5 Ways to Sidestep Roofing Problems

August 11, 2010

It is said that a roof is 10% of a project's cost and 90% of its problems. That may be an overstatement, but without proper design and installation, roofs can and will fail.

Many roofing problems can be avoided if the Building Team works with the roof manufacturer from the start, says Ken Buchinger, corporate GM for product development and installation at Houston-based MBCI, a maker of metal standing seam roofs. A 29-year veteran of the roofing industry, he offers the following ways for architects and contractors to get technical advice from responsible roof manufacturers:

  1. Have the roof manufacturer review the roof geometry during the design development or construction document phase. This will allow the manufacturer to make sure that there are no areas that would pose insurmountable installation problems (such as intersecting valleys) and to identify areas that require special details to be watertight. The manufacturer probably knows better than anyone whether certain roof details have historically resulted in poor performance.

  2. Review shop drawings with the manufacturer to ensure that each detail is properly designed to provide long-term (minimum 20 years') performance. Any discrepancies or conflicts should be resolved before the roof materials are ordered. This point also applies to any penetrations of the roof made by subcontractors (such as a hole for a lightning protector). These penetrations often leak if not properly designed and executed.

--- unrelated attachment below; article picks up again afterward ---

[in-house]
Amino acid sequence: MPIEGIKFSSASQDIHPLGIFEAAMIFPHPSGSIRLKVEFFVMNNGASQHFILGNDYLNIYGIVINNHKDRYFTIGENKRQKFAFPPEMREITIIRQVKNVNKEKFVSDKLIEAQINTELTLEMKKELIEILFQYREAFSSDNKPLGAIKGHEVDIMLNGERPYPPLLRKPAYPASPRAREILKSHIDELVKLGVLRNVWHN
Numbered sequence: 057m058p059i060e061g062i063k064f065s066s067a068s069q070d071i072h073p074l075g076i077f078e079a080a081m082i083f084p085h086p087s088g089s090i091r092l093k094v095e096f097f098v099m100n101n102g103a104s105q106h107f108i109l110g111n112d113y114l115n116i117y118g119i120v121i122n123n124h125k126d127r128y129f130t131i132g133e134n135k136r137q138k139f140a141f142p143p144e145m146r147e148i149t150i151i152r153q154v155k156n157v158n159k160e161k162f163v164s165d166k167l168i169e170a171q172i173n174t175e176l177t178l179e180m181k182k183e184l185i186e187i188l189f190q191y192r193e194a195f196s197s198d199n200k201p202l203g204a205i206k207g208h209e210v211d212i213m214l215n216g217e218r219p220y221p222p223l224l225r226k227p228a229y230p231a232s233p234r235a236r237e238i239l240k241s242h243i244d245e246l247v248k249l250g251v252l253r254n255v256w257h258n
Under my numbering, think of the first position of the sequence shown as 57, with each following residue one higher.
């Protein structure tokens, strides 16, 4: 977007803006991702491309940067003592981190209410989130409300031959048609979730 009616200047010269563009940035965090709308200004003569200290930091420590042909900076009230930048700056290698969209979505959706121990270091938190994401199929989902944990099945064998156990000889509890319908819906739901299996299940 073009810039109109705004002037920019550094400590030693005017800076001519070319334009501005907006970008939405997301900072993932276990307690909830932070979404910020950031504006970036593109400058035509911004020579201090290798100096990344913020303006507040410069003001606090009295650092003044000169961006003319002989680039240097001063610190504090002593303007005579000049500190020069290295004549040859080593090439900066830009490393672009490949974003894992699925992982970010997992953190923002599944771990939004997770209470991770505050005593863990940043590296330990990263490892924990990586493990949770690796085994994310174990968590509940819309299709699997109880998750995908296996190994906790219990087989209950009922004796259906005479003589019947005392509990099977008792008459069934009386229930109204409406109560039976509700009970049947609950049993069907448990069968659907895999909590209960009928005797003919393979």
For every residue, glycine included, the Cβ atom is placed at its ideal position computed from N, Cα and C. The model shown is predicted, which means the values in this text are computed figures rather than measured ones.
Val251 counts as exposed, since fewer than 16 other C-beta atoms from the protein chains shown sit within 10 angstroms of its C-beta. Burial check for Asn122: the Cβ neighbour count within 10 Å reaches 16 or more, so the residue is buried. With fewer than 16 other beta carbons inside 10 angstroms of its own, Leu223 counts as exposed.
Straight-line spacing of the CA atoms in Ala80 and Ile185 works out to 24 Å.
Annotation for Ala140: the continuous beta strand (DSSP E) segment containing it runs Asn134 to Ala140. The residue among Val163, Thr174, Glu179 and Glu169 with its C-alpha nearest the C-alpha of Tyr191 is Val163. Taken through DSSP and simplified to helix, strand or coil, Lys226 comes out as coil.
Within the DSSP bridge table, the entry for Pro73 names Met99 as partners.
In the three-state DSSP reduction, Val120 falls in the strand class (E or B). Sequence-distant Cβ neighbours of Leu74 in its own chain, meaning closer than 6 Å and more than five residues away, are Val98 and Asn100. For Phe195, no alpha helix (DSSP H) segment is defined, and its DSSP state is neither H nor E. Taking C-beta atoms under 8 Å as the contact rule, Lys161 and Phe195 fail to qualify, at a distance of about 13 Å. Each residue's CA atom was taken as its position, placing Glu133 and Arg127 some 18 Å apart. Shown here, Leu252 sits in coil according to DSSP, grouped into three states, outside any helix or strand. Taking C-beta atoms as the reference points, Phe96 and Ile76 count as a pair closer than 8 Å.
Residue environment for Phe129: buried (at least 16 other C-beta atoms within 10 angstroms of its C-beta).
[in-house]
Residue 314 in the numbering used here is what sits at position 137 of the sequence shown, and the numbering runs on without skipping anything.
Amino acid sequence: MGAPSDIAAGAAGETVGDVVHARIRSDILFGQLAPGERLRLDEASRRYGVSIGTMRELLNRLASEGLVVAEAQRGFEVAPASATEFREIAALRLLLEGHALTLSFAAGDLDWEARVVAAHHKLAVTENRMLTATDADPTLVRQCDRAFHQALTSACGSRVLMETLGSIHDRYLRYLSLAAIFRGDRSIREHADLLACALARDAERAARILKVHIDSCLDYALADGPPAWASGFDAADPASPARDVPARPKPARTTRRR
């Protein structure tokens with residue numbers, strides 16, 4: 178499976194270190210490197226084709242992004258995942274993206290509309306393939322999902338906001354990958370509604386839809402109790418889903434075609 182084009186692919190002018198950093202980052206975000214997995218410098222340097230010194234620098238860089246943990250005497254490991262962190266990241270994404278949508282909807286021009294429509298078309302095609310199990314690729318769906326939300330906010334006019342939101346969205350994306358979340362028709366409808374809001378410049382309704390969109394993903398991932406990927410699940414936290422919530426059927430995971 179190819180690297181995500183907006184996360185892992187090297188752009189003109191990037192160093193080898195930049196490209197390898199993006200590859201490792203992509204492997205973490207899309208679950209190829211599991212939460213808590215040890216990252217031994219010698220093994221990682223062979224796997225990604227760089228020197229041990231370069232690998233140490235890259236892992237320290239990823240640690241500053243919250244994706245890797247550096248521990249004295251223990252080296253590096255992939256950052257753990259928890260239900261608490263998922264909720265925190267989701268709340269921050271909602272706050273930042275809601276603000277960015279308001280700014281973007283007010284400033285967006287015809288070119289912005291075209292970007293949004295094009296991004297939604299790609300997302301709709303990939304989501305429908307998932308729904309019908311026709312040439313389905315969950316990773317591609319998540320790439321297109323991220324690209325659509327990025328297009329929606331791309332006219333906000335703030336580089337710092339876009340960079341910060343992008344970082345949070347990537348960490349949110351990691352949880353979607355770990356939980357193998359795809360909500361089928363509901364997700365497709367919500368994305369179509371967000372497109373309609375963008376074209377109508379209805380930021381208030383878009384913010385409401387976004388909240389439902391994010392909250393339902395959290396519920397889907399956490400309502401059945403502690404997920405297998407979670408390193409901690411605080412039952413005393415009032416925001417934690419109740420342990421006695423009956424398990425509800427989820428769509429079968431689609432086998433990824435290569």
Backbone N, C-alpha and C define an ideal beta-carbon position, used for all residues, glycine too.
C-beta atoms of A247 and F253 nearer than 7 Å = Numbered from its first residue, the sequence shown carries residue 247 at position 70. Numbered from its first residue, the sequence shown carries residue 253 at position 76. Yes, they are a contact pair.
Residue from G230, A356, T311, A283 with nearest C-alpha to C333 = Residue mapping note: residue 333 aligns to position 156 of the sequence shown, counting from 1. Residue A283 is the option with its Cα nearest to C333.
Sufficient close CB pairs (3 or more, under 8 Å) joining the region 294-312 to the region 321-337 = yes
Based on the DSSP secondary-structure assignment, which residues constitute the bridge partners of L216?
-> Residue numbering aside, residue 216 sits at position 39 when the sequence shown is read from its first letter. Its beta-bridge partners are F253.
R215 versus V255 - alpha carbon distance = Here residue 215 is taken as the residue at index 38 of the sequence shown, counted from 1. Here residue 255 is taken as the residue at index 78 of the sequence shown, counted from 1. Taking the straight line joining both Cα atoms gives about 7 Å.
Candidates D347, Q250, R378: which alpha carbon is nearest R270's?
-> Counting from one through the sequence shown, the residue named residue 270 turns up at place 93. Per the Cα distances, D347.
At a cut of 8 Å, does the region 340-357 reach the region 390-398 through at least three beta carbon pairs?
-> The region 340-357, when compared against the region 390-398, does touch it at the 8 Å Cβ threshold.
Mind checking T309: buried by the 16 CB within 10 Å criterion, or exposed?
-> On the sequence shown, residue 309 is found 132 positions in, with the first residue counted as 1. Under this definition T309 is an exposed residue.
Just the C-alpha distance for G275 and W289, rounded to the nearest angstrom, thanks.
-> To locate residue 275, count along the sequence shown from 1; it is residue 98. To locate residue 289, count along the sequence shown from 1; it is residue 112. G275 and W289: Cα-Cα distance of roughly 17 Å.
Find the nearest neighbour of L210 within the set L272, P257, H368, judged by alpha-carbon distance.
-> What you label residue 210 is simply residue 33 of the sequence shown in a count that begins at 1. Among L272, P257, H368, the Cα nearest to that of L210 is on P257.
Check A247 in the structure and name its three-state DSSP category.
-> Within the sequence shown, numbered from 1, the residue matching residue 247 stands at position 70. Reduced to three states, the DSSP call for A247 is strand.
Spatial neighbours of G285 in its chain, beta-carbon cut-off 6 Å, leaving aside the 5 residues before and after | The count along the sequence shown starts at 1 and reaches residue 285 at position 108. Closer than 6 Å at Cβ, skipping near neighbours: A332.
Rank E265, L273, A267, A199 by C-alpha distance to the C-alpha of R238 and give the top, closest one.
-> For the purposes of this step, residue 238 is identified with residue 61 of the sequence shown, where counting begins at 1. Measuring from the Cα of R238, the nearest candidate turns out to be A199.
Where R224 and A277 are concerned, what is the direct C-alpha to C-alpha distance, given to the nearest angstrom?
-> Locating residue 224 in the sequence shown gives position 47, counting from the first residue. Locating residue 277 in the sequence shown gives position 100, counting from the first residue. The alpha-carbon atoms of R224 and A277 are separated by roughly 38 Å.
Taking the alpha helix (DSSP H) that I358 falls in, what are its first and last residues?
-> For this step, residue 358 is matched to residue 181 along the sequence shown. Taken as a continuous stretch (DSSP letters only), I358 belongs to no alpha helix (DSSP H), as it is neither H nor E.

3. Let the manufacturer provide training to the roofing contractor for the installation of the standing seam roof system. Once again, the manufacturer has a lot more experience with its product than anyone else. With hands-on training from the manufacturer, the roofing crew will be able to install the system faster and more easily; more to the point, the roof will be installed correctly.

  4. Allow the manufacturer to inspect the roof during installation. Inspections are the key to accountability. With inspections, the manufacturer can identify deficiencies during installation and recommend appropriate repair methods before it's too late.

  5. Get a weather-tightness warranty with teeth. The standard roof weather-tightness warranty kicks in only after the roof has gone 24 months without a leak; up to that point, the roofing contractor is generally responsible. The standard warranty is usually based on a review of the shop drawings, with no actual inspection. This puts the burden on the architect or general contractor to make sure the roofing contractor follows the approved details; otherwise, the warranty can be invalidated. Instead, the Building Team should get a warranty in which the manufacturer inspects the roof to ensure compliance with shop drawings and stands behind the roof from the day of substantial completion—not 24 months later.

For more advice from Ken Buchinger, go to:www.BDCnetwork.com.

         
 

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